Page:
July 2016 Family Friendly Community Guide

Sailing school back on the water

Take an 8-foot fiberglass boat that looks like a tub, add a small sail and get ready to have a great time learning to sail, especially if you are between 8 and 18 years old.

The Marquette Junior Yacht Club (MJYC) is again offering sailing lessons for young and old-er enthusiasts. MJYC started in 2005 with three small 8-foot boats, one instructor, two weeks of instruction, and 29 students.

Each year the program has expanded and aims to create a setting that fosters a lifelong love and interest of sailing through a fun, safe and instructional environment. This year the program has more than 20 boats (the largest is 21 feet), five instructors, five weeks of instruction, and projected participation of over 150 students.

Youth lesson are the core of the MJYC.  Instructors use a skill sheet which allows students to track their progress as they complete each skill and ultimately earn higher levels of seamanship.  By doing this, students of different skill levels can be mixed together in each class which promotes a “learn it, do it, teach it” concept.  This also makes all sessions open to all students, which allows families to more easily fit sailing lessons into their busy summer schedules.

Gabe Gentz is the lead instructor this year and a former student of MJYC. She has taken classes at the sailing school for many years. Gentz loves to sail, and is especially good at helping kids learn new skills. She was a crew member on her own boat, Eugenia, the youth trophy winner at Nationals in 2014.

All classes begin at the Marquette Yacht Club at Marquette’s lower harbor. Students are required to bring a Coast Guard approved life jacket, and wear sensible shoes. The boats, instructors and adventures are all provided.

Although the program primarily aims at children ages 8 and up, there are classes for adults also. Youth classes will run Monday through Friday the weeks of July 11, 18, 25 and August 1. Drop-in adult classes will be available on Tuesday and Thursday evenings during those same weeks. A youth racing class will also be offered if there is enough interest. To learn more about the program and register visit MJYC.org.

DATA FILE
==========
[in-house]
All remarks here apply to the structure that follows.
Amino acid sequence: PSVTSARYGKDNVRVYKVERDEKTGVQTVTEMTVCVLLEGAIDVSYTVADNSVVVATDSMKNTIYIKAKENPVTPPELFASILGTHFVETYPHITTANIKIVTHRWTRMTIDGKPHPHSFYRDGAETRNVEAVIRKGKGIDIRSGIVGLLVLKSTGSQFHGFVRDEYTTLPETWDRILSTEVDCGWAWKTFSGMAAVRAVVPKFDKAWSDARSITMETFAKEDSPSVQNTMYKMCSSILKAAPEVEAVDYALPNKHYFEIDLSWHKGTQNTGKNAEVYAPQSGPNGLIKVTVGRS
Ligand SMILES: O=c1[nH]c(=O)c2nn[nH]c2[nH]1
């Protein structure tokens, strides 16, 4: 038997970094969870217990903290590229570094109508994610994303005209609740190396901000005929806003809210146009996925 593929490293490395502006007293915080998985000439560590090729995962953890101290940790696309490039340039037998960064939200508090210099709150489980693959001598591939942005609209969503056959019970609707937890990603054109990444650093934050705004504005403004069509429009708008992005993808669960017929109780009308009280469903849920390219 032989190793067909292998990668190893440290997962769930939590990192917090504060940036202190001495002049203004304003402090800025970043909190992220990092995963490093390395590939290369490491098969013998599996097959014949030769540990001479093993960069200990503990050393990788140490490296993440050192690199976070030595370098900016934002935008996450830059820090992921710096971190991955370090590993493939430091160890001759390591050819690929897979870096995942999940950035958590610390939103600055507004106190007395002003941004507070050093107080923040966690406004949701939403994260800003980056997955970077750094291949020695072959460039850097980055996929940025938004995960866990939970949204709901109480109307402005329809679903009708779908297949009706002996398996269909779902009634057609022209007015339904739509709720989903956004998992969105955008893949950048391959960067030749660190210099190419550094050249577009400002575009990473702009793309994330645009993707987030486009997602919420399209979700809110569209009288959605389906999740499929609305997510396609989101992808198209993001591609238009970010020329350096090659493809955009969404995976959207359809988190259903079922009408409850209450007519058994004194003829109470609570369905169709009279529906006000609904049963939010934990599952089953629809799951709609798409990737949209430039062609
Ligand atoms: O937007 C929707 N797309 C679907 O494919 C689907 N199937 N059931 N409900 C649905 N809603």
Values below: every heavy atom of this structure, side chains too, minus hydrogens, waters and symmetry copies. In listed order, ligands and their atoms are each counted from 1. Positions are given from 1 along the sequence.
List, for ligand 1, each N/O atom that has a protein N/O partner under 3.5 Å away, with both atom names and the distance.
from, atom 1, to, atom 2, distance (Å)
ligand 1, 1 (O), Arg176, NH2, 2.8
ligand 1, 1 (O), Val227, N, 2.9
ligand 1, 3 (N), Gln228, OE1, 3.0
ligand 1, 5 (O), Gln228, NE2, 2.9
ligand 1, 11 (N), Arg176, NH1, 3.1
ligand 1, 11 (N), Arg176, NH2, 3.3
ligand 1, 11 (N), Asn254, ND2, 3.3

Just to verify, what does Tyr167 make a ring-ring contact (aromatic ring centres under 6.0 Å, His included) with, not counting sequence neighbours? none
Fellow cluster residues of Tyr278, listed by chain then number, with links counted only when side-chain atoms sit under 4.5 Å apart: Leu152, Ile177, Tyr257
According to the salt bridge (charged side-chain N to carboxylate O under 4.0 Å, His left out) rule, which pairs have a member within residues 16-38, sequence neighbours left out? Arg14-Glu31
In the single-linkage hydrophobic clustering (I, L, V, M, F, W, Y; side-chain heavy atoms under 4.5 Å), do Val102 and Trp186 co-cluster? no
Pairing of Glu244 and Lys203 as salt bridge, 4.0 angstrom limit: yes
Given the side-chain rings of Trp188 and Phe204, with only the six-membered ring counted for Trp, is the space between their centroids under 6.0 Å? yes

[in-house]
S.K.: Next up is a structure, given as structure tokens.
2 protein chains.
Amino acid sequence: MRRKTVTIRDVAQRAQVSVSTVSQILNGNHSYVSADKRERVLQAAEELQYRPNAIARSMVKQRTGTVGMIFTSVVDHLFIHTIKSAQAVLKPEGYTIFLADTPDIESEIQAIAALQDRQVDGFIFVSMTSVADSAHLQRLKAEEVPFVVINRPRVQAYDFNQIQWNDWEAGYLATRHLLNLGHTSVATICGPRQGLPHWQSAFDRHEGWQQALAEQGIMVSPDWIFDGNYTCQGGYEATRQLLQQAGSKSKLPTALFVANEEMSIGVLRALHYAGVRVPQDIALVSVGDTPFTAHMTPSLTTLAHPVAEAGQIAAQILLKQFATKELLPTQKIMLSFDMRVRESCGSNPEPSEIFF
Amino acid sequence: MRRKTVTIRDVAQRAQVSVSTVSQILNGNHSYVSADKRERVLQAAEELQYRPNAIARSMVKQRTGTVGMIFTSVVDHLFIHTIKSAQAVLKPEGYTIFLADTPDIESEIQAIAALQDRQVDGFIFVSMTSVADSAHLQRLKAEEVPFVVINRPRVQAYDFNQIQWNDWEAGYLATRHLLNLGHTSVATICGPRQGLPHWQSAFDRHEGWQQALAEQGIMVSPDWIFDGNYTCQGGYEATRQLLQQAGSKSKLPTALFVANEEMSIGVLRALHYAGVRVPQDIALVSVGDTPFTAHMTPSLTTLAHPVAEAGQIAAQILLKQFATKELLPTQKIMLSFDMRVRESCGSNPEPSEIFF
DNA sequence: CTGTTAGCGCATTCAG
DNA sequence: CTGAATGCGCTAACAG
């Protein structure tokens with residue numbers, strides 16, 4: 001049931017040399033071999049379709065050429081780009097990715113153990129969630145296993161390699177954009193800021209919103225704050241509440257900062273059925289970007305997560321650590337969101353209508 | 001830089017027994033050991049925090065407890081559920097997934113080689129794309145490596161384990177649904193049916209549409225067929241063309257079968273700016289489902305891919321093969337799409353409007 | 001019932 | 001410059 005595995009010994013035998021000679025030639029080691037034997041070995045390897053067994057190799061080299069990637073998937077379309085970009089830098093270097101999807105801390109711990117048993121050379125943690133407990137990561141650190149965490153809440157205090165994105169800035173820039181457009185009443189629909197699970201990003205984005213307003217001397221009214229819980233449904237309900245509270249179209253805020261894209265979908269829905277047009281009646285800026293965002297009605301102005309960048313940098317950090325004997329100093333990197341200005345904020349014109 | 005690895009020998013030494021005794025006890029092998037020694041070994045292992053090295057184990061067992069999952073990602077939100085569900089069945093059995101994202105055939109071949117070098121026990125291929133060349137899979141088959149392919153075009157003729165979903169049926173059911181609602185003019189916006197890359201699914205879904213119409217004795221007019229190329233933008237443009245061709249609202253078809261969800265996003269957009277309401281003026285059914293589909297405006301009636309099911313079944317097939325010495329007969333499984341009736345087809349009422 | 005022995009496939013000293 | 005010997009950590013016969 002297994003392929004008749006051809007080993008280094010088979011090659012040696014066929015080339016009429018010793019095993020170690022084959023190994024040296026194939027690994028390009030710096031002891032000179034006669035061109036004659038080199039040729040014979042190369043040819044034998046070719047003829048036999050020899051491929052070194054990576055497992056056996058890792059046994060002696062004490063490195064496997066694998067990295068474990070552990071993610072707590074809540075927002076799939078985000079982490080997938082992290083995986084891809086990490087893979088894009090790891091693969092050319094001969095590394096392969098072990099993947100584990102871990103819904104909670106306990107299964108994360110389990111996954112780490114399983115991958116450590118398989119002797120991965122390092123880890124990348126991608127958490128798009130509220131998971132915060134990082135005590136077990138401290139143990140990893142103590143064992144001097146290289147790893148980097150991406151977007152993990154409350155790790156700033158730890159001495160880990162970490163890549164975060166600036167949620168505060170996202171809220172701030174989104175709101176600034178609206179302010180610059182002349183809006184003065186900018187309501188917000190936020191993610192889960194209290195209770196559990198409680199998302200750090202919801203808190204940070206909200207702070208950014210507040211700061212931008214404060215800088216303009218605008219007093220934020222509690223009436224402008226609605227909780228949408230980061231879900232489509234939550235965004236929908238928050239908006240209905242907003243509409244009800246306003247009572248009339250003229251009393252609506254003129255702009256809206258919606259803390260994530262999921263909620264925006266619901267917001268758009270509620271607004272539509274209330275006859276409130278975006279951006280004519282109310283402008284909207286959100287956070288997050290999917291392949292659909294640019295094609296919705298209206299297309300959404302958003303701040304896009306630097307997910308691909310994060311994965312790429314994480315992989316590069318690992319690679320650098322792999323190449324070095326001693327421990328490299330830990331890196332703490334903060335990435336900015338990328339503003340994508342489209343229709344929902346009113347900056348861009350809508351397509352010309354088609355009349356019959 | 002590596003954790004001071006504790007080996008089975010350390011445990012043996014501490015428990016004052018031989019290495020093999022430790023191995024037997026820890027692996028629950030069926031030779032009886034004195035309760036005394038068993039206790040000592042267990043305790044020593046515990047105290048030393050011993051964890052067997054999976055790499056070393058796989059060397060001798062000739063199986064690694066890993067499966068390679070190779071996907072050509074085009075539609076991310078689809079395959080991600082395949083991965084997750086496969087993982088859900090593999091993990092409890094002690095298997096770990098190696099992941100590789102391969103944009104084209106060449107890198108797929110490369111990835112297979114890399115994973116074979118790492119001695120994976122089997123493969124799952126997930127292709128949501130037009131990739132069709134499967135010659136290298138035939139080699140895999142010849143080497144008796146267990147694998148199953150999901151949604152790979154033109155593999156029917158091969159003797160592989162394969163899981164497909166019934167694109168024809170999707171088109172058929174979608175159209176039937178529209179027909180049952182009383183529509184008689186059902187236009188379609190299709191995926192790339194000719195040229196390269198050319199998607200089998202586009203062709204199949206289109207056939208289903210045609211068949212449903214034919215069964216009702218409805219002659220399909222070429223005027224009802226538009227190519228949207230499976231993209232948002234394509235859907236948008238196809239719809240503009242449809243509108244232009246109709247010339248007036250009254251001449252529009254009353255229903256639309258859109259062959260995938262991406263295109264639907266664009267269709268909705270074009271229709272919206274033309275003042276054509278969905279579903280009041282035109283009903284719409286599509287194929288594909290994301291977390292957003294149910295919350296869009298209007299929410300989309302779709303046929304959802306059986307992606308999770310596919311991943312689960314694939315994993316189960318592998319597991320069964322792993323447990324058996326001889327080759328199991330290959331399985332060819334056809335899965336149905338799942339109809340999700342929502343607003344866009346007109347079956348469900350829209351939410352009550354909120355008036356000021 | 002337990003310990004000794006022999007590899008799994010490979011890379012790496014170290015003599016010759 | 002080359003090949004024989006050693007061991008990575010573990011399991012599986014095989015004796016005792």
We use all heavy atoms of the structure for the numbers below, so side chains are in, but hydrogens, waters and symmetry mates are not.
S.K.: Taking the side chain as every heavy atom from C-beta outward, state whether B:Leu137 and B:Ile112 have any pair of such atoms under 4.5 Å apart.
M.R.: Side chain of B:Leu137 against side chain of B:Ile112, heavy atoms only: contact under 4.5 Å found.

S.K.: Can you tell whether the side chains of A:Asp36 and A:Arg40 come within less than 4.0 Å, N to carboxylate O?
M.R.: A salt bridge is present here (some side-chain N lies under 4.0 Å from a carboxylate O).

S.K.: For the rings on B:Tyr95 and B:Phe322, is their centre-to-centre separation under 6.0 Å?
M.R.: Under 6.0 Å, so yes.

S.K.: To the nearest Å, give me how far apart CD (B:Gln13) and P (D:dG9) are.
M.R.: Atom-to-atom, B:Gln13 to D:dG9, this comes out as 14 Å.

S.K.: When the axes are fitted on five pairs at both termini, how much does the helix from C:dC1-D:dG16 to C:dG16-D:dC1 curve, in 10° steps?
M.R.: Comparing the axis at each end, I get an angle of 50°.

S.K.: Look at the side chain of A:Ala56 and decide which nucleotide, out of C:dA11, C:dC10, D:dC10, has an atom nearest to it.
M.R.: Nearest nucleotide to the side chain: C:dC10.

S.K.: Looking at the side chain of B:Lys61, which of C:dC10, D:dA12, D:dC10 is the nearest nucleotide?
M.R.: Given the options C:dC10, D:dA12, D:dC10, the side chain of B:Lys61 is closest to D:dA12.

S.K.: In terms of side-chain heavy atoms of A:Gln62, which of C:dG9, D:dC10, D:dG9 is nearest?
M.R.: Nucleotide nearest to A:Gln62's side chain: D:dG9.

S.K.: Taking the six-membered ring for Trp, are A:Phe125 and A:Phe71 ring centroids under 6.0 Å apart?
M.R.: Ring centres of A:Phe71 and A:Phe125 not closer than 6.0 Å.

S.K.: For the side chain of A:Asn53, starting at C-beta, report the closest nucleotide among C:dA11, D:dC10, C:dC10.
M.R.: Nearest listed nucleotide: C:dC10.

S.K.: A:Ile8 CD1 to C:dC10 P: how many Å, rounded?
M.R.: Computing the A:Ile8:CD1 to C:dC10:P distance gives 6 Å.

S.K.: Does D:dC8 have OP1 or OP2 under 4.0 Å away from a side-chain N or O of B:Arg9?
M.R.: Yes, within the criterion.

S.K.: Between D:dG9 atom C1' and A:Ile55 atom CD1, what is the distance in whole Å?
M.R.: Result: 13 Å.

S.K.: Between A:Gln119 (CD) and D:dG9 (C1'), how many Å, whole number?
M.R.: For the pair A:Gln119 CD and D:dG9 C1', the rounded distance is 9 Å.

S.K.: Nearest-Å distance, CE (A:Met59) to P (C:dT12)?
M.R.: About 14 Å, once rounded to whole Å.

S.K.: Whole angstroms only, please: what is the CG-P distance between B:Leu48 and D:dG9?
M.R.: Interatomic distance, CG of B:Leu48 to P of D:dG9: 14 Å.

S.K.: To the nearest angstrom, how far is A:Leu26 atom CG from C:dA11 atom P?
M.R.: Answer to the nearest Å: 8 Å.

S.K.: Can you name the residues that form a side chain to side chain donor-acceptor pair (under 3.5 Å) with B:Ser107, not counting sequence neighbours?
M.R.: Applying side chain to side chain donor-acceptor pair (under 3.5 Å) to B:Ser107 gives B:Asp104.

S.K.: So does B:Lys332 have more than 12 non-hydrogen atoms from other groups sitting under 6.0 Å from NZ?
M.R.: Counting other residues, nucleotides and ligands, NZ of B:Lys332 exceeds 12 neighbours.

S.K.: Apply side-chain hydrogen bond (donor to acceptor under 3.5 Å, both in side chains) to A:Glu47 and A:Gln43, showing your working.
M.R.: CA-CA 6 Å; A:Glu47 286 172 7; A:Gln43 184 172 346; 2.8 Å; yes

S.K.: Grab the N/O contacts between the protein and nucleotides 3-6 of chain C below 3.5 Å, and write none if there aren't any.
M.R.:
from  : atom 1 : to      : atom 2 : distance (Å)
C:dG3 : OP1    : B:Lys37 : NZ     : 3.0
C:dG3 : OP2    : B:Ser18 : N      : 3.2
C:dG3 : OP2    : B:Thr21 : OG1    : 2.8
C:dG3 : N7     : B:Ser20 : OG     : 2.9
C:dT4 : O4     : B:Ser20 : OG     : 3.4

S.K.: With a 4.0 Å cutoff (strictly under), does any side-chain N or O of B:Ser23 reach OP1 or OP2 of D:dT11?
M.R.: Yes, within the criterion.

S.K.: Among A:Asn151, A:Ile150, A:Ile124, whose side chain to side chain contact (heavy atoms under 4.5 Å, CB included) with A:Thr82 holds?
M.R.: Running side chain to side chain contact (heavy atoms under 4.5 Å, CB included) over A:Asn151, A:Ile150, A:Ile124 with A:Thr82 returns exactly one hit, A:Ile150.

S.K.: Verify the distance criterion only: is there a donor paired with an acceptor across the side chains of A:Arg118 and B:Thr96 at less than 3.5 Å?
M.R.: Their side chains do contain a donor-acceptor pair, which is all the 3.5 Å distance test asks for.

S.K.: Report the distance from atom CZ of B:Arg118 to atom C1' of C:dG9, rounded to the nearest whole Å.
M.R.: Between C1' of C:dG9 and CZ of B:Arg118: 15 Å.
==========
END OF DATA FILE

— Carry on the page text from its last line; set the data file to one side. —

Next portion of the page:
— Babette Welch

Alternative high school completion program offered

The Ishpeming-Negaunee-NICE (INN) Community Education Division is offering an alternative high school completion program for students who, for whatever reason, need an option other than the traditional high school.

Under the direction of Director William Hartman and Principal Jason Houle, INN serves students ages 13 to 19 in the Marquette County area, allowing them to earn their high school diploma.

State certified teachers offer classes in math, English, science, social studies, computer technology and physical education Monday through Thursday from 8 a.m. until 2:30 p.m. and on Fridays from 8:30 a.m. to 1:30 p.m. Classes take place at St. John’s School, A.K.A. Hartman High,  located at 325 S. Pine St. in Ishpeming.

The program, following the Michigan Merit Curriculum, provides low student-to-teacher ratios and has a relaxed, flexible, responsive atmosphere. Emphasis is placed on career and vocational opportunities, community service and transitional support to enable post-secondary education.

The program also offers a multi-disciplinary approach to learning. Students must earn 20 credit hours to receive their diplomas once their original class has graduated.